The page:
Have you ever heard the term “bear market” and you had no idea what that meant? No, we’re not referring to a market nearby selling Grizzly bears. In reality, it’s a term referring to the financial markets. As frustrating as financial jargon can be, it helps to understand the basic principles. In this article we’re going to do a deep dive to help you understand what a bear market is and how to use the term correctly.
The Psychology of Bears
The first thing to understand is there’s two sides to every financial transaction: a buyer and a seller. Now let’s think about each of those from a psychological standpoint. The buyer is an optimist, he feels good about the future and foresees a prosperous business endeavor. Conversely, the seller is a pessimist, he wants out of this transaction and needs the cold hard cash.
So what does this have to do with a bear market? In the jargon of stock-market traders there is a specific term for both buyers and sellers. Bears are the pessimists, the sellers, and bulls are the optimistic buyers.
This dynamic lies at the heart of the term “bear market.” Anytime there are more sellers than buyers, the market tends to go down and the bears are in charge. And here’s where the term can be used: any prolonged period of selling is considered a bear market.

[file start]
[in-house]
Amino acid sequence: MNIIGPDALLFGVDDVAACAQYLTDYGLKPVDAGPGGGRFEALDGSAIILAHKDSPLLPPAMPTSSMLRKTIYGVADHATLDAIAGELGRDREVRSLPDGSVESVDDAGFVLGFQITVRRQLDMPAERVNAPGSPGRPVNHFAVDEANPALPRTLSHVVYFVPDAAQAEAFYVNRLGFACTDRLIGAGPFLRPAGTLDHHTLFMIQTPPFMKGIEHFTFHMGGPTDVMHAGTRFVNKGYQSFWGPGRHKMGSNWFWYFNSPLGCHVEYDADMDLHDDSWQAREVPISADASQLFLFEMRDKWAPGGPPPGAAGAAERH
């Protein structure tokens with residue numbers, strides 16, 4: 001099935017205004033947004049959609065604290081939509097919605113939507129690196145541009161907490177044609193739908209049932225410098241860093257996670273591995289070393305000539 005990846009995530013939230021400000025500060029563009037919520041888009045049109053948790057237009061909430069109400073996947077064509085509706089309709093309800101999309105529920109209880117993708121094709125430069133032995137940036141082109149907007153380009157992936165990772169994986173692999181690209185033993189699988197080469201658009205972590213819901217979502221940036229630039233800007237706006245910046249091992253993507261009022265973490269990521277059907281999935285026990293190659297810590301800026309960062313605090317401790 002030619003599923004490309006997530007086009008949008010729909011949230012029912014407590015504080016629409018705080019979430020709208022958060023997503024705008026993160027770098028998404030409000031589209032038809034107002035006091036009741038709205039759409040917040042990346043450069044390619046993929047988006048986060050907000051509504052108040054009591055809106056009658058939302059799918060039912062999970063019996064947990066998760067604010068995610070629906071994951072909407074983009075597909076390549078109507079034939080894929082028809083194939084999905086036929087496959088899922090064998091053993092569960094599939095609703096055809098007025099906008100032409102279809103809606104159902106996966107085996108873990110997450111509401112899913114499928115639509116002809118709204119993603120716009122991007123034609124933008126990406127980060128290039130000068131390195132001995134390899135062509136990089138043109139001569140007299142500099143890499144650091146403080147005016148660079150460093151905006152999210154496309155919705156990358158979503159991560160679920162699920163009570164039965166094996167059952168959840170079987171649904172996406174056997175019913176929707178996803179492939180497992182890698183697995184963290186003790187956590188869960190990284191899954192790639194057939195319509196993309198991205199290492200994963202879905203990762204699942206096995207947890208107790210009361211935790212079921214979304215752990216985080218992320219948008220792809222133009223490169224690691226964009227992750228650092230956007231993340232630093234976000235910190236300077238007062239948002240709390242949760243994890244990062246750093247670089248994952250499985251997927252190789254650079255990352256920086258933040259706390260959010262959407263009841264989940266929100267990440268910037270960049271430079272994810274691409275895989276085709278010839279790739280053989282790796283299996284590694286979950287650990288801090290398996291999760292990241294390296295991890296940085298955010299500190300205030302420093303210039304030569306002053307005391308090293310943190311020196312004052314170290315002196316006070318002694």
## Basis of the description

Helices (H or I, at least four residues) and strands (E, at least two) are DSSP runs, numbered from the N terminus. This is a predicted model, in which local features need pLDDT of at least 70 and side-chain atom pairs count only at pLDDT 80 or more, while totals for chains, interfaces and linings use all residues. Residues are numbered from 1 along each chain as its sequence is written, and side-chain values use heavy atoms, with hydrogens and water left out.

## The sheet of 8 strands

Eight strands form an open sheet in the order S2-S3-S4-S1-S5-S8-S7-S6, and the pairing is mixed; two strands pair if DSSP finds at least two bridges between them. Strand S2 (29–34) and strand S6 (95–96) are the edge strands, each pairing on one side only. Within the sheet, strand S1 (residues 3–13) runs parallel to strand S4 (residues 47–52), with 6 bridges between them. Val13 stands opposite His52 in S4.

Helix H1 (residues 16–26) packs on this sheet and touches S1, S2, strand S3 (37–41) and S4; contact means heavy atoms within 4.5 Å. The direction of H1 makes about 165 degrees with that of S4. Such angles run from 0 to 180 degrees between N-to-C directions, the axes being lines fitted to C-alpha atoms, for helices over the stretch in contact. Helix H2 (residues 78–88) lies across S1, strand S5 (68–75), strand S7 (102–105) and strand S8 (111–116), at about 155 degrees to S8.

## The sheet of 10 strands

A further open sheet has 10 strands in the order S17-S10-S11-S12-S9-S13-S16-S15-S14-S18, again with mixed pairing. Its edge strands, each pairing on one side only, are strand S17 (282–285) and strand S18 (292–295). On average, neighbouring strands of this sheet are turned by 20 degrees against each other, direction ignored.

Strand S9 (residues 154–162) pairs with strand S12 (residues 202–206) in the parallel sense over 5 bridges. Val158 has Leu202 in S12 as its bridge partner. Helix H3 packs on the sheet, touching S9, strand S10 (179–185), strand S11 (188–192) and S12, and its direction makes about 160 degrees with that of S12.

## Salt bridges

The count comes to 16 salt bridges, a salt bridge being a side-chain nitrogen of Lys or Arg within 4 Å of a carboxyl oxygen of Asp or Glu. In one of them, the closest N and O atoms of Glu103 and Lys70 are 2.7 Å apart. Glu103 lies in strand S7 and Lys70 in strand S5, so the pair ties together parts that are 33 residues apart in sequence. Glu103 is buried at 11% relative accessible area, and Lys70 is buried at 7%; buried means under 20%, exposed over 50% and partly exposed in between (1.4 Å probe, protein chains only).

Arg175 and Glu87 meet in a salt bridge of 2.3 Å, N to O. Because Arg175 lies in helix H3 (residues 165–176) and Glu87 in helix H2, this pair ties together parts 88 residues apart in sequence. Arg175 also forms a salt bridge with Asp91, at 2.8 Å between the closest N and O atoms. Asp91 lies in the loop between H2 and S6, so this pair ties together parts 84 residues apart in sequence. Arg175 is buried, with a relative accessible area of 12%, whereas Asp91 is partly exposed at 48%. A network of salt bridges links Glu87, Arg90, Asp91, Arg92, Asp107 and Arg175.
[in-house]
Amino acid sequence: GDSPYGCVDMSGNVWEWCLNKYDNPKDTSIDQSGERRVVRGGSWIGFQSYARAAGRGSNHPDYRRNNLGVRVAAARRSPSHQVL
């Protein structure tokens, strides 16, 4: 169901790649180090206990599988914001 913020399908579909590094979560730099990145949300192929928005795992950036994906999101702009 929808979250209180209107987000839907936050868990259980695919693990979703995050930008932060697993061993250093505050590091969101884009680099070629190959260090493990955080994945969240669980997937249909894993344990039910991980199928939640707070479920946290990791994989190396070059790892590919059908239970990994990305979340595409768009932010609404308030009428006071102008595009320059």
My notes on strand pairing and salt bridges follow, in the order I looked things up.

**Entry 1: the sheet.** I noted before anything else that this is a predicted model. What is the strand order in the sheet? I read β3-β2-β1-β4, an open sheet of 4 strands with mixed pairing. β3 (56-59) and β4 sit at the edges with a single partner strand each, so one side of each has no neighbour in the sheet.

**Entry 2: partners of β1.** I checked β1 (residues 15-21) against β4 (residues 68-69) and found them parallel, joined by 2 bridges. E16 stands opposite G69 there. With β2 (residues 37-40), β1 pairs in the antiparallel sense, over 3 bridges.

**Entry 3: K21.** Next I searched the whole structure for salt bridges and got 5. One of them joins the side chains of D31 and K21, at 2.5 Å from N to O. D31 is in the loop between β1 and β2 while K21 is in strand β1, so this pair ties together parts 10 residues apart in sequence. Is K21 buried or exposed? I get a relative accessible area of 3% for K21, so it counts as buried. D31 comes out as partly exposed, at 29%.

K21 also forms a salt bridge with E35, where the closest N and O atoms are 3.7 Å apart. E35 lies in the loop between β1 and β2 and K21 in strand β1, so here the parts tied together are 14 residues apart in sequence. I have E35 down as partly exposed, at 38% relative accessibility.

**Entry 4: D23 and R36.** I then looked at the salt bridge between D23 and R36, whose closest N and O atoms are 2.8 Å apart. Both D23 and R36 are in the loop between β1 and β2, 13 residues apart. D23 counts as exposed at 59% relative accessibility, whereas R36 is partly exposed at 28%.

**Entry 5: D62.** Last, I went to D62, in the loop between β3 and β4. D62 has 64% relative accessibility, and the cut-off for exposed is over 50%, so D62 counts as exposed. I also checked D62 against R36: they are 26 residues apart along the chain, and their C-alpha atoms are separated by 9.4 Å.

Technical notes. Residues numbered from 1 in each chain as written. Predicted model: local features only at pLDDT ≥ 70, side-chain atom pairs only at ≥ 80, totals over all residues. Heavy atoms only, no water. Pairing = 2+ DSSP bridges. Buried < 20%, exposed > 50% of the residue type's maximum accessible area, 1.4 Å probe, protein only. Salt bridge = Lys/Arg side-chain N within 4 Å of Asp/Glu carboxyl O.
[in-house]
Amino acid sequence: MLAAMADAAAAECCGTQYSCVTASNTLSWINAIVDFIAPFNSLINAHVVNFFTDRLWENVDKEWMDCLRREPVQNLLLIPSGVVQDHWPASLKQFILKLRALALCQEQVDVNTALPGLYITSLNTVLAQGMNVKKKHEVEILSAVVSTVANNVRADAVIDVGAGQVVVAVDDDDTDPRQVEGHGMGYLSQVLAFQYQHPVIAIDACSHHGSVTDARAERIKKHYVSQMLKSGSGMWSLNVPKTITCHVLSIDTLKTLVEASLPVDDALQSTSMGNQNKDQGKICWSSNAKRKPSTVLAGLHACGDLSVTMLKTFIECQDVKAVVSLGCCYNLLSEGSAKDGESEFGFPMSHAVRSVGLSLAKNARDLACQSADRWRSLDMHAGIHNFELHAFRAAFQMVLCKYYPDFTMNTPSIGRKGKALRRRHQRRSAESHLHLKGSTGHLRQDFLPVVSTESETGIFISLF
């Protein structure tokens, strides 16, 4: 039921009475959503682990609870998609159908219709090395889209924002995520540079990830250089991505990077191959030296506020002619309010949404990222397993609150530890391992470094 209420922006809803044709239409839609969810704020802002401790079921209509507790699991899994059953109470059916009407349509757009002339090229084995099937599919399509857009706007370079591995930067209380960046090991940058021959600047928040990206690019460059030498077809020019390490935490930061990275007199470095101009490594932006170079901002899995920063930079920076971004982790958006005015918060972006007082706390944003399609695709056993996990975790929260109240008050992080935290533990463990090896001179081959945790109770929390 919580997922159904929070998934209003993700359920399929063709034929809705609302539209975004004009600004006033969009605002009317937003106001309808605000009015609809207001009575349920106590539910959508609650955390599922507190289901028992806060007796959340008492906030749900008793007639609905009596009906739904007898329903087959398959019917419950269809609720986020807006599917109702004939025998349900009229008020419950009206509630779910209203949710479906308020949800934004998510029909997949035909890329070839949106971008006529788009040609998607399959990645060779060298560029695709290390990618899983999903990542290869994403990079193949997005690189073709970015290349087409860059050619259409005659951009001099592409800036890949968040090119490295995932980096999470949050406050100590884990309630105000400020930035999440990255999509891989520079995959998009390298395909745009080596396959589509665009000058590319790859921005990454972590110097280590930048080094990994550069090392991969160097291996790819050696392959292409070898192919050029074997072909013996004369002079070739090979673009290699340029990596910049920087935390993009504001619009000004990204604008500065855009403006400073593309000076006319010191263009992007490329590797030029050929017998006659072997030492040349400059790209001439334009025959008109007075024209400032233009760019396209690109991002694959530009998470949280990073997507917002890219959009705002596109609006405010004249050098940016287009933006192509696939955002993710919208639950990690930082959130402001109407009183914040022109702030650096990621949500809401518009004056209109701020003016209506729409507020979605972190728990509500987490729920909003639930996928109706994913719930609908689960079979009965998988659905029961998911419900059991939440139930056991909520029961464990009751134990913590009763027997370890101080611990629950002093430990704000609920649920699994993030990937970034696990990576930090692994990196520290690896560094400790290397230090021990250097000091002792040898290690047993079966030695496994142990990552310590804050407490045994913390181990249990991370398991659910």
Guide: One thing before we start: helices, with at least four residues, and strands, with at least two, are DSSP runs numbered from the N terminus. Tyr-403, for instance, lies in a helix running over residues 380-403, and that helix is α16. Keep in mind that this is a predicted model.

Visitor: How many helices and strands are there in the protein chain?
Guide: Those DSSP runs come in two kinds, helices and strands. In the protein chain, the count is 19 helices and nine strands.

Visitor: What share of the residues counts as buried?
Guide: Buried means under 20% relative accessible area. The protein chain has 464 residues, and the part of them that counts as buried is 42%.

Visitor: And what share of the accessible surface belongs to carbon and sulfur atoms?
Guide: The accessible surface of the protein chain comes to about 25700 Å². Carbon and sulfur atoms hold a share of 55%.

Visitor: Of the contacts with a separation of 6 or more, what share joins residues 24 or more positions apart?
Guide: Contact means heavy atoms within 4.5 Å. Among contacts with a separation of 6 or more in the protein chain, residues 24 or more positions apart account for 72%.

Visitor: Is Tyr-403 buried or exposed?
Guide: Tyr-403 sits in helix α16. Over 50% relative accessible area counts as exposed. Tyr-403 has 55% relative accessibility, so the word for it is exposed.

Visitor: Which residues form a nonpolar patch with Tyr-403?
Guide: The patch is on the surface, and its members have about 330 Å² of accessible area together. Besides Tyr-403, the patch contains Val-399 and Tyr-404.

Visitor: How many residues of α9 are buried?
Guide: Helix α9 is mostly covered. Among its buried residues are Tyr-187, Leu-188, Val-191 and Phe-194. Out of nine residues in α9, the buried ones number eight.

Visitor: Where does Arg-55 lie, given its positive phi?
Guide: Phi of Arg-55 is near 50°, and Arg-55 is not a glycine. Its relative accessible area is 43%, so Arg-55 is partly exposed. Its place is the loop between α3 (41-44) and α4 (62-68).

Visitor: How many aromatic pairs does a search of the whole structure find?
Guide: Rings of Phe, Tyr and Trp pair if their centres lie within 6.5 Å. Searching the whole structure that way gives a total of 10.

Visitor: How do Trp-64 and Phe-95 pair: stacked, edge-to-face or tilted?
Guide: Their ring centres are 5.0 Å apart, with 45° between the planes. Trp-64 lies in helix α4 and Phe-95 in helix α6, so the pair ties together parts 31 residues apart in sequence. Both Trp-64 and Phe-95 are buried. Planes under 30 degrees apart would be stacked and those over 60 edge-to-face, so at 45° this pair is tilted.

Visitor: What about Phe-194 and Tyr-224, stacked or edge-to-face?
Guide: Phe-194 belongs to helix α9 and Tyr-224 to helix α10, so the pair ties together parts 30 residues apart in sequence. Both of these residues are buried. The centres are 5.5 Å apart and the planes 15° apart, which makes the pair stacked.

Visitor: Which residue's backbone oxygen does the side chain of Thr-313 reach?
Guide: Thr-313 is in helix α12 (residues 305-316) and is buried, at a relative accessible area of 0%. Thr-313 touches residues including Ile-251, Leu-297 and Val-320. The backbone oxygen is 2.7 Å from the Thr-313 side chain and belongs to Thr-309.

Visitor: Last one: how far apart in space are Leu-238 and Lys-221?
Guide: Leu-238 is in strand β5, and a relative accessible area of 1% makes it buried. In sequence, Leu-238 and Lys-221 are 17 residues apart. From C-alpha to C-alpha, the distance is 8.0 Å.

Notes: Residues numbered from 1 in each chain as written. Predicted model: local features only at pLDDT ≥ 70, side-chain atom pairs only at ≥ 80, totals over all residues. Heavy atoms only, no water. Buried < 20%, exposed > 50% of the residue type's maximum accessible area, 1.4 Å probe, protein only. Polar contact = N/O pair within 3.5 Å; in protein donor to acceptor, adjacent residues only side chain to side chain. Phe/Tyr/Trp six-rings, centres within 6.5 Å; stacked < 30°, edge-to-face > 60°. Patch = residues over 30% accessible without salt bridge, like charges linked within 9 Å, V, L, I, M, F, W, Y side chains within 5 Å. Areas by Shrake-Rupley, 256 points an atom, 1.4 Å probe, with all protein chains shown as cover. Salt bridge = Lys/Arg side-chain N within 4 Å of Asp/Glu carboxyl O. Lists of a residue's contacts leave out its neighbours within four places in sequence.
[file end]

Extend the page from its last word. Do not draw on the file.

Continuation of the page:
In fact, the U.S. Securities and Exchange Commission has a specific definition of a bear market: a market that moves down 20% or more from a recent peak triggers an “official” bear market. On the contrary, a move up in price of 20% or more constitutes a “bull market.”
The Origin Story
While there is some debate about the origins of the term, according to Merriam Webster, it originated from a proverb warning that it is not wise “to sell the bear’s skin before one has caught the bear.” As the story goes, eventually that was applied to stock traders who borrowed stock expecting the price to go down in order to sell and make a profit later. These traders were known as bears.
It’s unclear when the bulls showed up later in history, but the animal appears as a fitting alter ego to the bear.
Today, these terms are so widely accepted now they have crossed the rubicon from financial slang into mainstream, pop-culture icons. A great example is the famous bull statue in front of the New York Stock Exchange, which, in its own right, became a tourist attraction, while also featuring in endless Hollywood productions.
What these terms boil down to is the psychology of market participants. Investors that are negative about future prices are firmly in the bear camp. If you have enough bears in the market pushing prices down you’ll eventually enter into a bear market.
On the other hand, if you’re an investor that’s “bullish,” then you’re fighting the bears with your buy orders, hoping for a bull market.
This ultimately begs the question: are you a bear or a bull?
Before You Go…
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